It doesn't help that corporate funding for the arts—in Wilmington or anywhere else—isn't particularly robust to begin with. (I couldn't help but notice that the arts were nowhere to be found on DuPont's Corporate Philanthropy page.)
And so, from a practical perspective, "elected officials and business development experts are all predicting that the future corporate climate in Wilmington will be predicated on many new, small, entrepreneurial companies that will, in aggregate, fill the voids left behind by DuPont and other industrial giants," says Jordan.
A New (and Uncertain) Normal
Therein lies the $64,000 question: Will these new companies actually step in to fill the void created by "fading" corporate giants?
It’s by no means a sure thing. "Legacy" companies like Dupont are the philanthropic equivalent of a Model T Ford, a relic of Gilded Age arts philanthropy—think Rockefeller, Carnegie, and Mellon—that now seems rather antiquated. Newer and more agile companies, especially those in the tech sector, have yet to "grow into" their philanthropy, while others, as noted, want to see a quantifiable bang for their buck.
We see this tension play out most acutely in the Bay Area. Despite operating in a region awash in dot-com billions, "highbrow" arts organizations struggle to stay afloat, while others, like the Silicon Valley Ballet, infamously shuttered its doors.
So now what?
Changing the Narrative
Jordan hits on a common theme across recent IP arts coverage: Organizations hoping to engage these new and agile companies will need to embrace projects that address social causes that map to the company's larger philanthropic goals—and then some.
"Remaining corporate leaders, along with smaller companies and entrepreneurial start-ups, will need to see support for the arts as an investment in the community: One that will improve the climate for employee retention and recruitment, draw visitors, and encourage area residents to participate in larger numbers."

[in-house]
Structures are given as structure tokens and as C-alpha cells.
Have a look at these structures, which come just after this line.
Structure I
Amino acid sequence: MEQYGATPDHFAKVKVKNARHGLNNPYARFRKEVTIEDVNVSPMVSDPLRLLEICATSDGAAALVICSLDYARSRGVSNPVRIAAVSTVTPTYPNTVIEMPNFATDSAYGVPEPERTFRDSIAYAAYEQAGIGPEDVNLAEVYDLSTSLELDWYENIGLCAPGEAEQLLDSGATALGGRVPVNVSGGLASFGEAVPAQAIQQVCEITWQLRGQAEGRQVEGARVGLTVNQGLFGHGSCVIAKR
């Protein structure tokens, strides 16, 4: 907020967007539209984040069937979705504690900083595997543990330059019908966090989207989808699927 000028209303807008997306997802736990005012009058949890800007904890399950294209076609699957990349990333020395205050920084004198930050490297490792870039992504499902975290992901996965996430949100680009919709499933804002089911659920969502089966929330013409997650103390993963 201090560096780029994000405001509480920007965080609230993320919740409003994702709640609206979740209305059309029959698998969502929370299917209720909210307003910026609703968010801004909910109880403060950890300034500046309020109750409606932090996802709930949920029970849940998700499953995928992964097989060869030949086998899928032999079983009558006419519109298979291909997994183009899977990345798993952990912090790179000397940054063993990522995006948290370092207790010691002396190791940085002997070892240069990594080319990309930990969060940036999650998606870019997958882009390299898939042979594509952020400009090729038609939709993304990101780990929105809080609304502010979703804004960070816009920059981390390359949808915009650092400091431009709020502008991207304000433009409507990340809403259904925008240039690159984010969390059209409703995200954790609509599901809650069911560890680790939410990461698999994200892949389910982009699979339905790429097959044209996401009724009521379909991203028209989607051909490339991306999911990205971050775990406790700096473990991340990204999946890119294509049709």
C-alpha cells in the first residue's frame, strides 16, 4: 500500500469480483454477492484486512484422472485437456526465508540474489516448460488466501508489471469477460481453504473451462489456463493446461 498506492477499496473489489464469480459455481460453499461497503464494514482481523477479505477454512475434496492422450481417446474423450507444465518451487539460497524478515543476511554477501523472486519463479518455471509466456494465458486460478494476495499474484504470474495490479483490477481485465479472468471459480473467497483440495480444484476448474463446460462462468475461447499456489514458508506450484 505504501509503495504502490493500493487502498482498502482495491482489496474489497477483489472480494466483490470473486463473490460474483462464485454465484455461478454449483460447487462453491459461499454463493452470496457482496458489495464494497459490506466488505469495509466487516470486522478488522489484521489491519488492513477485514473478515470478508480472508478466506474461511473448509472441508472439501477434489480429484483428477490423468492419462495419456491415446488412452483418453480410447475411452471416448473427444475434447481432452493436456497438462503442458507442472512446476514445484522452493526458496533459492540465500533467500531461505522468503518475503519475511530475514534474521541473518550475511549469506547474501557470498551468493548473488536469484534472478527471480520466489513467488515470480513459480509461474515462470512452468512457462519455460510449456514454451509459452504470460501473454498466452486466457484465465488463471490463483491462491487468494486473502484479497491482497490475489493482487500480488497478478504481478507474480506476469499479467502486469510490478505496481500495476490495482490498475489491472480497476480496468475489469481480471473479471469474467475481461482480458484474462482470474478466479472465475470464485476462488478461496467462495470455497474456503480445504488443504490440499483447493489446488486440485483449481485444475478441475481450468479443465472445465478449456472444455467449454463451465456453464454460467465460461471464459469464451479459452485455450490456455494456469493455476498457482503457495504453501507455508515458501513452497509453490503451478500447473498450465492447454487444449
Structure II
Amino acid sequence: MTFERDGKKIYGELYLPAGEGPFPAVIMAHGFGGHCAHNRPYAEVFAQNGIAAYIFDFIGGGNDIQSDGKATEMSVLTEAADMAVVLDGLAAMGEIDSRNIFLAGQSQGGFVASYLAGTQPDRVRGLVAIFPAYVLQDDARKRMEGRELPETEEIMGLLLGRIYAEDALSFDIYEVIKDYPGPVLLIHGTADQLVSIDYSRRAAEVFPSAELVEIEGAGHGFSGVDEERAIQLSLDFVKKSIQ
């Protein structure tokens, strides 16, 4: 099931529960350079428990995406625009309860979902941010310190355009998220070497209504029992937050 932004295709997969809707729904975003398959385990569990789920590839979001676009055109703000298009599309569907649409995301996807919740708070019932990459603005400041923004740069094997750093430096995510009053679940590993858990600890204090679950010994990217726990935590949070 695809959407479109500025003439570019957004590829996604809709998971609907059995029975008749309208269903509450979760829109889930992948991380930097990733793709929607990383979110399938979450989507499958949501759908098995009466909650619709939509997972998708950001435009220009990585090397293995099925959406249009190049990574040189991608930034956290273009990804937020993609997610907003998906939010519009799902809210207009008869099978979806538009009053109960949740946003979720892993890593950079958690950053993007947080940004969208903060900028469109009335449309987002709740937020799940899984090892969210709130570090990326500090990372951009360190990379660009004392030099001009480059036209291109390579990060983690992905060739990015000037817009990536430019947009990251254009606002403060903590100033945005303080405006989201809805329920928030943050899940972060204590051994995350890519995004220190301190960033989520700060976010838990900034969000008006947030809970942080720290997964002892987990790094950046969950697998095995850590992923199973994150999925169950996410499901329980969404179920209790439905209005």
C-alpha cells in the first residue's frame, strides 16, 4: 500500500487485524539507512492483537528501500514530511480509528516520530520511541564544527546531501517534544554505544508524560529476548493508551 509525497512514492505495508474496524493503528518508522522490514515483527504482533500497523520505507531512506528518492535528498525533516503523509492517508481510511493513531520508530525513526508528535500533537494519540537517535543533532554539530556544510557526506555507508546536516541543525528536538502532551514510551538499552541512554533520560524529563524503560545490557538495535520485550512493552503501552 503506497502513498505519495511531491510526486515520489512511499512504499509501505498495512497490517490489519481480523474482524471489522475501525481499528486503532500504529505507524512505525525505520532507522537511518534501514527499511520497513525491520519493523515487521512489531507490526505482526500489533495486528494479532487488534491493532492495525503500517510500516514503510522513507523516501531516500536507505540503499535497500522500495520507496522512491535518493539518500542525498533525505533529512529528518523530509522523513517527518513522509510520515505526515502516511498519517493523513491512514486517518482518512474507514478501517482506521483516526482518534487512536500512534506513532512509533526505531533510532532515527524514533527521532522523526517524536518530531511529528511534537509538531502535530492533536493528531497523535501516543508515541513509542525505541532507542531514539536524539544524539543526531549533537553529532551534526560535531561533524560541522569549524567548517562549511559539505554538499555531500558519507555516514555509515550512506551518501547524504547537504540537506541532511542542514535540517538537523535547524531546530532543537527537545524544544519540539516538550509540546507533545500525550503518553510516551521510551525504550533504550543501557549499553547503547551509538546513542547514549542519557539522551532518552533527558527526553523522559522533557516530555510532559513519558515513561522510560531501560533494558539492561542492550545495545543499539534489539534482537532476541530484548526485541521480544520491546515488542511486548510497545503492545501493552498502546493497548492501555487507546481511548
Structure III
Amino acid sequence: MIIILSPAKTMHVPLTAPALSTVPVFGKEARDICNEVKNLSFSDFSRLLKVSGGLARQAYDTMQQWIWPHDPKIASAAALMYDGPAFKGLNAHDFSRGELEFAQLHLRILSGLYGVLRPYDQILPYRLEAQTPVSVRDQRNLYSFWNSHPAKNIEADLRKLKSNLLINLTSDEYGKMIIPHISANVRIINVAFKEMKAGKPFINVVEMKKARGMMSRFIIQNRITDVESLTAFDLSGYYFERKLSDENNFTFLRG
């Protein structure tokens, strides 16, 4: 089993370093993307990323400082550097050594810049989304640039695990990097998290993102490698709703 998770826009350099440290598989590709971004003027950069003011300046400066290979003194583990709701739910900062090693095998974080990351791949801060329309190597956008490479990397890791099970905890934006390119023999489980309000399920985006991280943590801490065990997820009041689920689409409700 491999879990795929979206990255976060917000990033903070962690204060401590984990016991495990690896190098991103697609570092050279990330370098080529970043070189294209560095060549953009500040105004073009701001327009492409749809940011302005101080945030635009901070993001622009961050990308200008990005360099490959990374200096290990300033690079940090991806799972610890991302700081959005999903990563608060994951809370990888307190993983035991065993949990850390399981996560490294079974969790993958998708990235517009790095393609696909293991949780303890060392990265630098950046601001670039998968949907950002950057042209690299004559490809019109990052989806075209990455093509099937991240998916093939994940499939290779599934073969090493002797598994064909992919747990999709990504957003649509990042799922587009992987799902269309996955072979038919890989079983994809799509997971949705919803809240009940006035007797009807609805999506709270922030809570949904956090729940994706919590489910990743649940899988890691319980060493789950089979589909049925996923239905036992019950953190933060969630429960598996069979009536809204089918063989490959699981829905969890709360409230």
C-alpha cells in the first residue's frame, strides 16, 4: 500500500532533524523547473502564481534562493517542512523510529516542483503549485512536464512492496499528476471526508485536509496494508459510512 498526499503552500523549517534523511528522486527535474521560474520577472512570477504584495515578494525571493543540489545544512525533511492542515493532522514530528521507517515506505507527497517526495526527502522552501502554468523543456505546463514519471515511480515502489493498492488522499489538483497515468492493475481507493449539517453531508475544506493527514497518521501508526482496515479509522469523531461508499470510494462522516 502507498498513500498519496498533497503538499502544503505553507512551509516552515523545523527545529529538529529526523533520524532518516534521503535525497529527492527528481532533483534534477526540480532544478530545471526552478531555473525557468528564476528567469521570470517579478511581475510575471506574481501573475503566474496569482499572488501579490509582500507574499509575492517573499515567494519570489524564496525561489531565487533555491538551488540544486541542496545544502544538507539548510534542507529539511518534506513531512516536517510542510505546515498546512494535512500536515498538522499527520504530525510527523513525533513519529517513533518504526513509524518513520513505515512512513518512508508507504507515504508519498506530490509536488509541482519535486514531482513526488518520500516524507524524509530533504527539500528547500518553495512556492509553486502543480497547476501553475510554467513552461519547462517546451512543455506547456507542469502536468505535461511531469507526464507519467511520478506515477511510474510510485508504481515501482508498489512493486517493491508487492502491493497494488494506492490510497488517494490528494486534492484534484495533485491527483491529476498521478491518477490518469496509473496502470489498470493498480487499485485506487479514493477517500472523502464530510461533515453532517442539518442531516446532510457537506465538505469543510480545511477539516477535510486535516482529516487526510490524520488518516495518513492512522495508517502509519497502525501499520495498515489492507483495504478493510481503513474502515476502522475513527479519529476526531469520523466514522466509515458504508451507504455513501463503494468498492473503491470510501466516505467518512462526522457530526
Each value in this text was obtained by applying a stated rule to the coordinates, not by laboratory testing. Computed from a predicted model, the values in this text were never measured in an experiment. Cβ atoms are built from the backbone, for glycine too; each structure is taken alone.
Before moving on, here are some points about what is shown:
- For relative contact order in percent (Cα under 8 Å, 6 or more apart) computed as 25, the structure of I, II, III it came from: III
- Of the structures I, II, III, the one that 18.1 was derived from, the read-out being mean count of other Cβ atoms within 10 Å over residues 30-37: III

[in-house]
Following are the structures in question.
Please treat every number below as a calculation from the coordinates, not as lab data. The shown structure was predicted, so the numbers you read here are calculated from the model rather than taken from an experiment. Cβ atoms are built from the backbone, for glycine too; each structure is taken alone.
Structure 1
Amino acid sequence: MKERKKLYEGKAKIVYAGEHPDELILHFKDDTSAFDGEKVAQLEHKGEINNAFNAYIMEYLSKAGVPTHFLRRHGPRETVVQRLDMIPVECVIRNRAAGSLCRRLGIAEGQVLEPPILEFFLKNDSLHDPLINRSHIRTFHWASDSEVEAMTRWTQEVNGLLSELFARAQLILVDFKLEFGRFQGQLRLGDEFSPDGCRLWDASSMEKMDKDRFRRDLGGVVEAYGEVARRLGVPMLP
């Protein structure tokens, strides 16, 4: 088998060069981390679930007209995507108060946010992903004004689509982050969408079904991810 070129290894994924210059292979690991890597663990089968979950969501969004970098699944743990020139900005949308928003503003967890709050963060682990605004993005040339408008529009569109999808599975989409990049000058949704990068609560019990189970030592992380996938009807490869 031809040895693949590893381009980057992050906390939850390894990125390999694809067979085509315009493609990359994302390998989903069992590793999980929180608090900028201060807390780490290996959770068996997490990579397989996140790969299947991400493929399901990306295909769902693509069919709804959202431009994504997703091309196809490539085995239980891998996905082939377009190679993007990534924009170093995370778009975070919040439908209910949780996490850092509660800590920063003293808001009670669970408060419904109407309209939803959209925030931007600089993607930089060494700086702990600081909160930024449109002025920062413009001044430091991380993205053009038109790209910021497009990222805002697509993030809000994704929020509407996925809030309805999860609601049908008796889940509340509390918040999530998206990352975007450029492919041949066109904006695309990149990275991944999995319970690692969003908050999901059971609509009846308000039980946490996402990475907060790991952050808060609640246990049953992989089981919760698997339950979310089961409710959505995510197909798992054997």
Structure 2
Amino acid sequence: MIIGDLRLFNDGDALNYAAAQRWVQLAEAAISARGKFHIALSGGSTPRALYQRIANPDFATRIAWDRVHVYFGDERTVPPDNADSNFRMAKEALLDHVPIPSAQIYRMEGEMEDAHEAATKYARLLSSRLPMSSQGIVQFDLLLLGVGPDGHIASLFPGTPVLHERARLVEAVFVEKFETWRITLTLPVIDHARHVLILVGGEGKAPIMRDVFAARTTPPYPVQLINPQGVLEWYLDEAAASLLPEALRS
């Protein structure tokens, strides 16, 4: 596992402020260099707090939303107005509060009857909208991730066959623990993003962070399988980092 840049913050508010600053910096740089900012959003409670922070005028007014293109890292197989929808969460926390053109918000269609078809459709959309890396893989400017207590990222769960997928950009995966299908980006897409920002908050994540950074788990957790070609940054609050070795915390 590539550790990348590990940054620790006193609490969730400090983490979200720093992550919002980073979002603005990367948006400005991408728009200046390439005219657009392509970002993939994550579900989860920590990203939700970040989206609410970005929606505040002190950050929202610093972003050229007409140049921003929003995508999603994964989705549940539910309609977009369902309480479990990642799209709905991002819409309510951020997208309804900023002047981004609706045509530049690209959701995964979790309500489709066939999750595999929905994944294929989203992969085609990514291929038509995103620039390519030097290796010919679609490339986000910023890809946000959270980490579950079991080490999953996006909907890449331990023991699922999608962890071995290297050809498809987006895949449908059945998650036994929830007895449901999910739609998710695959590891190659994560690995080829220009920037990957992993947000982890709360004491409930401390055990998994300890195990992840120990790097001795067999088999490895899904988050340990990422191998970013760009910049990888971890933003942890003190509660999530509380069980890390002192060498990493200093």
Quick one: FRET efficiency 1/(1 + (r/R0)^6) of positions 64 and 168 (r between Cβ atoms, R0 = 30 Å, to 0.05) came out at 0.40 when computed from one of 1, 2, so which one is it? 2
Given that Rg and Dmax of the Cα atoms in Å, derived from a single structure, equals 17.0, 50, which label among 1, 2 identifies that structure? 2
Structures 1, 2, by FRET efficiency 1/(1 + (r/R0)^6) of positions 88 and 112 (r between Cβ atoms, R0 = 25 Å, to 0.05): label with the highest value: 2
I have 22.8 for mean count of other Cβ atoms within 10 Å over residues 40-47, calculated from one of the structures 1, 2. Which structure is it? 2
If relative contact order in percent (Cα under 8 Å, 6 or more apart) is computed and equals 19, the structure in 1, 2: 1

Jordan doesn’t let politicians off the hook, either. Arts proponents will need to "encourage their elected officials to change the current discourse about the value of arts and culture in a civil society. We are not a 'frill' for the elite, but an integral component of the fabric of life."
Causes for Cautious Optimism
It’s challenging stuff, but arts organizations across the U.S. are moving the needle in an encouraging direction.
Bay Area organizations like the San Francisco Ballet have enjoyed success in rolling more casual and socially focused "highbrow" arts experiences. Cincinnati's ArtsWave embeds support for the arts within larger workplace giving campaigns, thereby creating a "gateway arts" experience for workers who may have never set foot in an opera hall.
And slowly but surely, conventional wisdom across the corporate world is shifting. Recent studies show that companies that provide employees with enriching arts experiences enjoy higher workforce morale and retention rates.
Last but not least, the dual forces of retreating corporate philanthropy and rising private philanthropy are upending conventional perceptions and labels.
Consider the term "company town." Wilmington was the quintessential company town—economically, culturally and politically. But who's to say private philanthropy, combined (ideally) with a more engaged citizenry, can't collectively assume that mantle?
We see this shift most acutely in rural areas where funders gobble up real estate as part of larger arts-based development efforts, and while Wilmington is a far cry from, say, Monson, Maine, arts organizations really have no choice, do they? They're running out of options.
"The DuPont Co. and the DuPont family have created and nurtured a uniquely rich arts environment here in Delaware,” Jordan said. As for the fate of the state’s arts ecosystem moving forward? "It is now up to the community that remains."